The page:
Americans spend an enormous portion of their income on health care, making the system the largest in the world. However, the rate at which consumers make purchases in the industry has gradually slowed down over the past decade, due in no small part to changes in the way in which Americans buy health care, says The Economist.
One of the fastest-growing means of consumption in the health care sector is the "consumer-driven health plan" in which the individual is charged with overseeing costs and expenditures from a private spending account.
In 2006 only 10 percent of workers had to pay at least $1,000 before their insurer picked up the rest of the bill, but this figure had more than tripled by 2010.
The gradual shift has been supported by the participation of large firms, including GE, which shifted its salaried employees into the new plans in 2010.
The new system, which empowers individuals and encourages them to take greater responsibility for their spending, brings to the forefront the need for transparency in the industry. Consumers often find themselves confused by terms, unable to determine costs, and bewildered by complicated policies. This limits their ability to make informed choices about their health care consumption.
However, the private sector is attempting to fill this void. Intermediary firms are attempting to offer more information to consumers that, in tandem with a consumer-driven market, will increase efficiency.
Thomson Reuters analyzes, for example, prices from prior purchases to show consumers the cost of a given procedure at different hospitals and clinics.
Castlight Health of California posts information online so that consumers can shop for physicians and see previously posted reviews by other patients.
These efforts are supplemented by government policies -- the Government Accountability Office has found that more than 30 states have either proposed or passed laws to promote price transparency.
This is not to say that proponents of transparency will not face obstacles. Health care is a complicated industry, and even those who specialize in disentangling it will face issue. Furthermore, some market participants are incentivized not to share information, such as insurance companies that have brokered contracts with individual providers.
Source: "Shopping around for Surgery," The Economist, February 4, 2012.
In order to stem the gap from the passage of the Affordable Care Act (ACA) to its implementation in 2014, the legislation allowed for the creation of federally funded high-risk insurance pools throughout the states. These pools would provide immediate health care access to patients without insurance and suffering pre-existing conditions. However, despite expectations from the Obama administration that the pools would be substantially over-subscribed, they have experienced participation far below expectations, says Politico.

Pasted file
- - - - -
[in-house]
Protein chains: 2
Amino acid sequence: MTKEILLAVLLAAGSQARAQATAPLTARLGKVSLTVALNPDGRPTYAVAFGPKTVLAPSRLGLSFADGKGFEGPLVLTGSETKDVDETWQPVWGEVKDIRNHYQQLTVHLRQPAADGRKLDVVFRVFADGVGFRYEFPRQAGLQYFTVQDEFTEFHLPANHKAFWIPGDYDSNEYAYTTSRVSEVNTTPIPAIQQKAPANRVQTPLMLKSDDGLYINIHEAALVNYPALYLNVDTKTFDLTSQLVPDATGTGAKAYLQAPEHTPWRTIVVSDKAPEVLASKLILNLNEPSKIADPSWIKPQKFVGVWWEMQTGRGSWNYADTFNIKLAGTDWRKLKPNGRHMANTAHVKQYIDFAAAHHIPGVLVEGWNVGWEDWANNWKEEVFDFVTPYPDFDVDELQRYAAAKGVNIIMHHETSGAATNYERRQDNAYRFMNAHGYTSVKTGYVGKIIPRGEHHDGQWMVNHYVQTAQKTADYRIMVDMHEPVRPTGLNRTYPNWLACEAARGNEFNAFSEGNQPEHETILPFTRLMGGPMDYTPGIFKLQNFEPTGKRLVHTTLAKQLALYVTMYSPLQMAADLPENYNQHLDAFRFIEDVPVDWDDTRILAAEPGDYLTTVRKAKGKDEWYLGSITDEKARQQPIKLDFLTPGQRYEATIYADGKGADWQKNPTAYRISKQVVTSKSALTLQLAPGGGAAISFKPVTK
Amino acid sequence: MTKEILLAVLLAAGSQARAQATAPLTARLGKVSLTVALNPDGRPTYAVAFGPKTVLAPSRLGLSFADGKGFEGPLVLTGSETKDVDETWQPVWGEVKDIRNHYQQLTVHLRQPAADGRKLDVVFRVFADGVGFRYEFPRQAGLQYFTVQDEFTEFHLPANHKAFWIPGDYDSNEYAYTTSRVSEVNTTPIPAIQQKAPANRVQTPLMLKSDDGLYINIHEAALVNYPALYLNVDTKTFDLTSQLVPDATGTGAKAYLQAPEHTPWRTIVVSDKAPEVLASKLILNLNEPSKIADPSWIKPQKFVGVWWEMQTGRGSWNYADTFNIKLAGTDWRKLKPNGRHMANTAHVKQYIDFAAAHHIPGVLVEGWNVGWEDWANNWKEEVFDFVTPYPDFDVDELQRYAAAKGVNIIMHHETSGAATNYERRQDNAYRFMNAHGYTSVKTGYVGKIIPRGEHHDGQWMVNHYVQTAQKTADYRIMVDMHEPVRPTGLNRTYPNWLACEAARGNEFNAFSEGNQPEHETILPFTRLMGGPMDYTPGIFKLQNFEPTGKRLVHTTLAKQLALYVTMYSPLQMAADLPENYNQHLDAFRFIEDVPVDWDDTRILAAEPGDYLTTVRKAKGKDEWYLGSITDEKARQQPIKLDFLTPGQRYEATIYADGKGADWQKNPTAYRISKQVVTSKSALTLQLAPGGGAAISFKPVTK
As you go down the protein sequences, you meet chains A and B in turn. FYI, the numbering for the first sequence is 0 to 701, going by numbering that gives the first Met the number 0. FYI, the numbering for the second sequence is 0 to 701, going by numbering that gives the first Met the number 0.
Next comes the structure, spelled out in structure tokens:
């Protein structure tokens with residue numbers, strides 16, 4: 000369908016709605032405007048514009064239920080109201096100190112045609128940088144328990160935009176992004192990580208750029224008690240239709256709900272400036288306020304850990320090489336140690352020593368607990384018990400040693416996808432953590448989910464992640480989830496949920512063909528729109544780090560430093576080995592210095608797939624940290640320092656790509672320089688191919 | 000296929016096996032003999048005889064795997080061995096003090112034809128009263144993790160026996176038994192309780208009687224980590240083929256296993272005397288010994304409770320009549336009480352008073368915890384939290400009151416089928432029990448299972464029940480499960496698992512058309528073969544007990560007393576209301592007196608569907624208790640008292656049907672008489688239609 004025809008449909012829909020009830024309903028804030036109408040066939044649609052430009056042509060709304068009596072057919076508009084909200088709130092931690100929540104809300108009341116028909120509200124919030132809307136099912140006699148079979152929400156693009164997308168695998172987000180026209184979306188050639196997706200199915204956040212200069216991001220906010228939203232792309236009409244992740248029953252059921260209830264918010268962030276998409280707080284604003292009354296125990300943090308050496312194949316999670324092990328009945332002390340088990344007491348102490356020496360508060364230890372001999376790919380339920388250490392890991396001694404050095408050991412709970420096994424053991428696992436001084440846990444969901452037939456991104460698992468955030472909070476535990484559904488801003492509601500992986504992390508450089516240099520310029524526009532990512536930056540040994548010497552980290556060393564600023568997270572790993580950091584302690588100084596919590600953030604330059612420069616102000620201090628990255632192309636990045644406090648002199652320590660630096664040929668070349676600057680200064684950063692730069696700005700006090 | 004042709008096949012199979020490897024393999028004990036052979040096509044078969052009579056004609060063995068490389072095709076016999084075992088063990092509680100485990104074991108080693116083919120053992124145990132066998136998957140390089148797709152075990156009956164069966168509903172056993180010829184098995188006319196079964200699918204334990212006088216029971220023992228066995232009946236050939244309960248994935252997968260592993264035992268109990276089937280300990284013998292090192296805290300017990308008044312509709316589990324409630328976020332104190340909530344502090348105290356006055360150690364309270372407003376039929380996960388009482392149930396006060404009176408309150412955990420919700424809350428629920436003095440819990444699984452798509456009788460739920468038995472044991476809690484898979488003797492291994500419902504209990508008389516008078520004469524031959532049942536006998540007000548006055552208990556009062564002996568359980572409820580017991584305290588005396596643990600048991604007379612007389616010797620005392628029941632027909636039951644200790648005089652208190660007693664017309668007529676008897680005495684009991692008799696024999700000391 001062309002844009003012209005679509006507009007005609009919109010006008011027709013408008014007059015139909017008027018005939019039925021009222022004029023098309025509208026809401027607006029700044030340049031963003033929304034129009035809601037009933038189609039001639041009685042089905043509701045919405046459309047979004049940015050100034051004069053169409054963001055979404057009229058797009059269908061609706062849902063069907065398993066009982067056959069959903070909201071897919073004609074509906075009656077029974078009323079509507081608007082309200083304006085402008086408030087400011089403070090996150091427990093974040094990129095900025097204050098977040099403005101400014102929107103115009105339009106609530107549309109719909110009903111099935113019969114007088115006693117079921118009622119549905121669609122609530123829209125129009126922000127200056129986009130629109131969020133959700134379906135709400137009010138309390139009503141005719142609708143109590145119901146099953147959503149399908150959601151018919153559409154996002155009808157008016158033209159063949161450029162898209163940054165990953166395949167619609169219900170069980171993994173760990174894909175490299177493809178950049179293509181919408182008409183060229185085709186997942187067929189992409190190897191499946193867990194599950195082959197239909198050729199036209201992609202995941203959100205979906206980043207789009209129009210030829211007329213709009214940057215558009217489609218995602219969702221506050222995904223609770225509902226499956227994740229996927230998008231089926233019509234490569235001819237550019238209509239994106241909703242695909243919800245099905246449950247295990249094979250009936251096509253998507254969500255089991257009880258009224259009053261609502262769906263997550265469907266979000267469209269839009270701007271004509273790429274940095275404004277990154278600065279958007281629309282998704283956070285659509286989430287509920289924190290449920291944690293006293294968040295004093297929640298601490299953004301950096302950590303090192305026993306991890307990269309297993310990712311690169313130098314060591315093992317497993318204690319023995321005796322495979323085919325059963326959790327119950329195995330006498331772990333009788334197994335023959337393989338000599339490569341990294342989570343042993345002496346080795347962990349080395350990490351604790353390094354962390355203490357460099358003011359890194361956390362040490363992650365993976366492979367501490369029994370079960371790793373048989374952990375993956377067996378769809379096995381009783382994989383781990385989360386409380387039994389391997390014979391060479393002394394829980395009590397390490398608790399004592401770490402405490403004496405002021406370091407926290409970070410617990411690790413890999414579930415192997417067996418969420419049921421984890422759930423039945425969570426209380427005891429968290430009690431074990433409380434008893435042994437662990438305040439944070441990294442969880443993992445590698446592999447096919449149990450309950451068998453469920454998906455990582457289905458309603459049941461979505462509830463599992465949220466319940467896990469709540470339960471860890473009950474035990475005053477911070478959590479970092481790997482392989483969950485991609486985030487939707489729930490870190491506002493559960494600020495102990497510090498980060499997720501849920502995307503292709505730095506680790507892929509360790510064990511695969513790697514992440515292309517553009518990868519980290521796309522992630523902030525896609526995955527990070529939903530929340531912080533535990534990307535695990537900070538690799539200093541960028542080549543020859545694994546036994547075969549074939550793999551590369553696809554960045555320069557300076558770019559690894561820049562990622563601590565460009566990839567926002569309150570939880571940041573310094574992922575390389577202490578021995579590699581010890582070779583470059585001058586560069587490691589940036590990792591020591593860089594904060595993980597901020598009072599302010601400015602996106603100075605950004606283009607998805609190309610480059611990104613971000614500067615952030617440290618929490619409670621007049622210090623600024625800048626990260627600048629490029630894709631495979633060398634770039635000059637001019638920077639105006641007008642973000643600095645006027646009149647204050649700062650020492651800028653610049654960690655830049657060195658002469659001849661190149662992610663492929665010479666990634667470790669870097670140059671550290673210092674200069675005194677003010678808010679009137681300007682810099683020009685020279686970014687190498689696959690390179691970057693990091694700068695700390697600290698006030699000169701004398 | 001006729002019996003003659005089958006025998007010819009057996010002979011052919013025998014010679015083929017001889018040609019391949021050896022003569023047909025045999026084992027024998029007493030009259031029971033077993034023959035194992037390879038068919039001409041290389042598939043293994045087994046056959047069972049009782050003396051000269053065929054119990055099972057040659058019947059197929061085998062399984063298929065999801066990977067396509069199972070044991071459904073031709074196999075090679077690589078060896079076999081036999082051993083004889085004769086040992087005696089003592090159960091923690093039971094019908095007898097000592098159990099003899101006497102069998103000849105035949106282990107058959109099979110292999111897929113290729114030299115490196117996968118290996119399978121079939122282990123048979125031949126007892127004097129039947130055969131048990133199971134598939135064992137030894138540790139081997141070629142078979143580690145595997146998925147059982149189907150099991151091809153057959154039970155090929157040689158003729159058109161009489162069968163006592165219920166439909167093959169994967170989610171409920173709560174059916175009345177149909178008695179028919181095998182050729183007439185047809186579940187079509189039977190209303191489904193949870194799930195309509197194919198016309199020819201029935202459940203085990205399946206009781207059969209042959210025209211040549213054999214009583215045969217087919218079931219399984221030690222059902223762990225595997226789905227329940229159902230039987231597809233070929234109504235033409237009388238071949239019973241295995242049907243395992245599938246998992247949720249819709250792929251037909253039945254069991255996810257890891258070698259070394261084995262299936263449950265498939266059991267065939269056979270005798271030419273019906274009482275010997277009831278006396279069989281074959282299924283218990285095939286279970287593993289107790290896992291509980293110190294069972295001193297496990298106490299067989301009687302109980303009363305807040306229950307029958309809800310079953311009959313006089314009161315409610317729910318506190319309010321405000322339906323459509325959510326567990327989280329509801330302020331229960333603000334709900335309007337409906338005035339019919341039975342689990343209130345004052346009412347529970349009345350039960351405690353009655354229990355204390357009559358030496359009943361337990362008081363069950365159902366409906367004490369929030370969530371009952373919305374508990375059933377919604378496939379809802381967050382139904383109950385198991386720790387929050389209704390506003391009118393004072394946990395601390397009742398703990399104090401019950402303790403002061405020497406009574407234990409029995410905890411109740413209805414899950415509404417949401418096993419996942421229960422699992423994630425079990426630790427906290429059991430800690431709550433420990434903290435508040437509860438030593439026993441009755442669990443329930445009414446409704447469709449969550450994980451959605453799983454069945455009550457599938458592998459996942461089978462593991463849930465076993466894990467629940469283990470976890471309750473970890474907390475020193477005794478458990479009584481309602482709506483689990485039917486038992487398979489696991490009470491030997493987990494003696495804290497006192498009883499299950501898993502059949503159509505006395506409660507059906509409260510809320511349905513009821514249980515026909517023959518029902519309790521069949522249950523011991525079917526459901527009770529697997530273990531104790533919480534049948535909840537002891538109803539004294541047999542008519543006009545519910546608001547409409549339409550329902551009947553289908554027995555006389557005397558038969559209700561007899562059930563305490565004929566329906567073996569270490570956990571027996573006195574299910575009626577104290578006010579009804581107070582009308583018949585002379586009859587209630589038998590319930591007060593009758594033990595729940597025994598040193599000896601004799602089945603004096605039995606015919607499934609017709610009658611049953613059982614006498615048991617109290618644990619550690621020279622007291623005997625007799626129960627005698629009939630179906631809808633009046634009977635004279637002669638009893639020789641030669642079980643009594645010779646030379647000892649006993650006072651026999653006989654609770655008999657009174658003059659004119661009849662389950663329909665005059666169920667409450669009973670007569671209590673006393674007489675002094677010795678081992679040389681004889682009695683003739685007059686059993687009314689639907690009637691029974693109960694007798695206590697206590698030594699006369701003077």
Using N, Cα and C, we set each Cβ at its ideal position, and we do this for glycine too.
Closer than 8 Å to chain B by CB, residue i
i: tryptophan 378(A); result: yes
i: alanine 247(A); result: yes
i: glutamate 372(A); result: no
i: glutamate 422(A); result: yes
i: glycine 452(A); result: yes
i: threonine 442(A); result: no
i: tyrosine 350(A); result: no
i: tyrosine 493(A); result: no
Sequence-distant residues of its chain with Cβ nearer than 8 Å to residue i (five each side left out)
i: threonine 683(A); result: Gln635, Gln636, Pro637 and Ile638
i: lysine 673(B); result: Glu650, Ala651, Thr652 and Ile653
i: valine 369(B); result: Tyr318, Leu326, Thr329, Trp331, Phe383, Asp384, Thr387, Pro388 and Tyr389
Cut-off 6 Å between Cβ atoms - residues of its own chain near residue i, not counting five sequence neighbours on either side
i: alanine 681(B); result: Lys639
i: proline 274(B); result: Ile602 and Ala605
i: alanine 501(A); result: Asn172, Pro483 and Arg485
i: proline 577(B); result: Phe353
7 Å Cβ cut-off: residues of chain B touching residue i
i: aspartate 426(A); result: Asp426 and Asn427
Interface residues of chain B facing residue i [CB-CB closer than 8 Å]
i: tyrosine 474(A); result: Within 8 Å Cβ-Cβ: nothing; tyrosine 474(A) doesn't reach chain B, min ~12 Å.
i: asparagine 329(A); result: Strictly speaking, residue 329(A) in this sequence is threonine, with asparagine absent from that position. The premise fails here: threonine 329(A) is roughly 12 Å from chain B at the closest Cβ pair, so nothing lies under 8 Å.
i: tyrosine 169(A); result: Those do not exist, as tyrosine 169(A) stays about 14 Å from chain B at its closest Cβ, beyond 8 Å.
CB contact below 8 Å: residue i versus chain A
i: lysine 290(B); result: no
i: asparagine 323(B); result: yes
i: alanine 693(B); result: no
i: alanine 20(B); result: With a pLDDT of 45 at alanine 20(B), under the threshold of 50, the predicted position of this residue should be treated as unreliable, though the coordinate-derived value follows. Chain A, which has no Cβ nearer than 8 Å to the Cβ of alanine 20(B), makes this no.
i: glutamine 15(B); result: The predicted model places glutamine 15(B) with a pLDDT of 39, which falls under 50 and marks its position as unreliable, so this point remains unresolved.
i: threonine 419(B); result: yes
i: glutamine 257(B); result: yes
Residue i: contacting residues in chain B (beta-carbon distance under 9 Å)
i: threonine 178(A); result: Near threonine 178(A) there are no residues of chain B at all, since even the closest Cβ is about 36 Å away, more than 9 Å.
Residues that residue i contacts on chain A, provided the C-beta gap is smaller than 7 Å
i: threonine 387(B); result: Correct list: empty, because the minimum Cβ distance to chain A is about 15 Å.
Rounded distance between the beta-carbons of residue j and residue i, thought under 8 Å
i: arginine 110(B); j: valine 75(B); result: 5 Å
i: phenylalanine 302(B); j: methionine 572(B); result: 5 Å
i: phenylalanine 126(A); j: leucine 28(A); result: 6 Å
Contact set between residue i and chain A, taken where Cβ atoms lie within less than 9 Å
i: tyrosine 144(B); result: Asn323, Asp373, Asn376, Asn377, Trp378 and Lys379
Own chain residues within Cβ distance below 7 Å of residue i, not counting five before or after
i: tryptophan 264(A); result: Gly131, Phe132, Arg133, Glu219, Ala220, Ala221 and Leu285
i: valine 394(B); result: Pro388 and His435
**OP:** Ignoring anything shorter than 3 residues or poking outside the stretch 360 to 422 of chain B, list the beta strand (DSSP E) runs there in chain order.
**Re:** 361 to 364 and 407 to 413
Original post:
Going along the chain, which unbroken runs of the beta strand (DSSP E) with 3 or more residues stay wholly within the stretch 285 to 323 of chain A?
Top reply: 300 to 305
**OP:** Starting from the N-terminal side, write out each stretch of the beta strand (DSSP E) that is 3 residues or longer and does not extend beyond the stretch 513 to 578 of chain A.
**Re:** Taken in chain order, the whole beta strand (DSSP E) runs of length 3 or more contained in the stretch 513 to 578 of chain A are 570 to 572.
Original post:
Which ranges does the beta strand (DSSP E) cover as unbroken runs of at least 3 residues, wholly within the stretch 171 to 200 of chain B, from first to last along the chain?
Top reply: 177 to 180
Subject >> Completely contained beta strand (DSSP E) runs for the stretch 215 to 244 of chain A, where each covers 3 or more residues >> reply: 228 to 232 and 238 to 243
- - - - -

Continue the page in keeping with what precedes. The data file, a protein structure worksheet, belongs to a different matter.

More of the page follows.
The pools were allotted $5 billion to provide coverage for all participants -- an allowance that many thought would quickly be depleted with so many subscribers.
While participation has varied from state to state, the programs on the whole are providing care for very few people.
Just about 45,000 people have signed up in total -- well short of the 375,000 the Medicare actuary had predicted for the end of 2010.
The dearth of subscribers has caused some to question the much-publicized blight of the uninsured and those suffering from preexisting conditions. However, though the lack of involvement caught many analysts by surprise, a number of explanatory factors have been proposed.
The costs to sign up for the high-risk pools are high -- after all, insurers know that the majority of those signing up will require costly care for serious ailments.
Additionally, the new pools are competing with "legacy pools" (pools that the individual states had already created for the same purpose long before the ACA), which have attracted some 222,000 enrollees.
As of last summer, government figures showed that seven out of 10 people who entered these new high-risk pools were enrolling in legacy pools as opposed to the federal systems.
Even the US Government managed and funded High Risk pool put into place for the State of Georgia has had enrollment of only 10% of expectation. Georgia had no legacy high risk pool and was assigned the US Pool.
Source: Jason Millman, "High-Risk Insurance Pools Short on Enrollees," Politico, February 13, 2012.
With rising health care costs and the retirement of baby boomers, it is widely accepted that the costs of administering Medicare are set to skyrocket. To address this, a number of policy options are available to lawmakers in Washington -- two that are radical and one that is evolutionary in its approach, says J.D. Foster, the Norman B. Ture Senior Fellow in the Economics of Fiscal Policy at the Heritage Foundation.
The first radical option is to do nothing and allow Medicare expenditures to slowly engulf an ever-growing portion of the federal budget.
The second radical possibility is to transform the health care sector into a European-style system where all are covered under tight government control -- the Affordable Care Act was an incremental step in this direction.
The third option, which is thoroughly more moderate that the previous two, is to build on the current system instead of scrapping it entirely.
Under the third option, seniors who qualify for Medicare support would be encouraged to select their own plan from the private market. Upon selection, their premiums would be subsidized by Medicare, allowing an inverse relationship between the income of the senior and the proportion covered by the subsidy. Such a plan would enable the natural efficiency of the private sector and expand seniors' choice.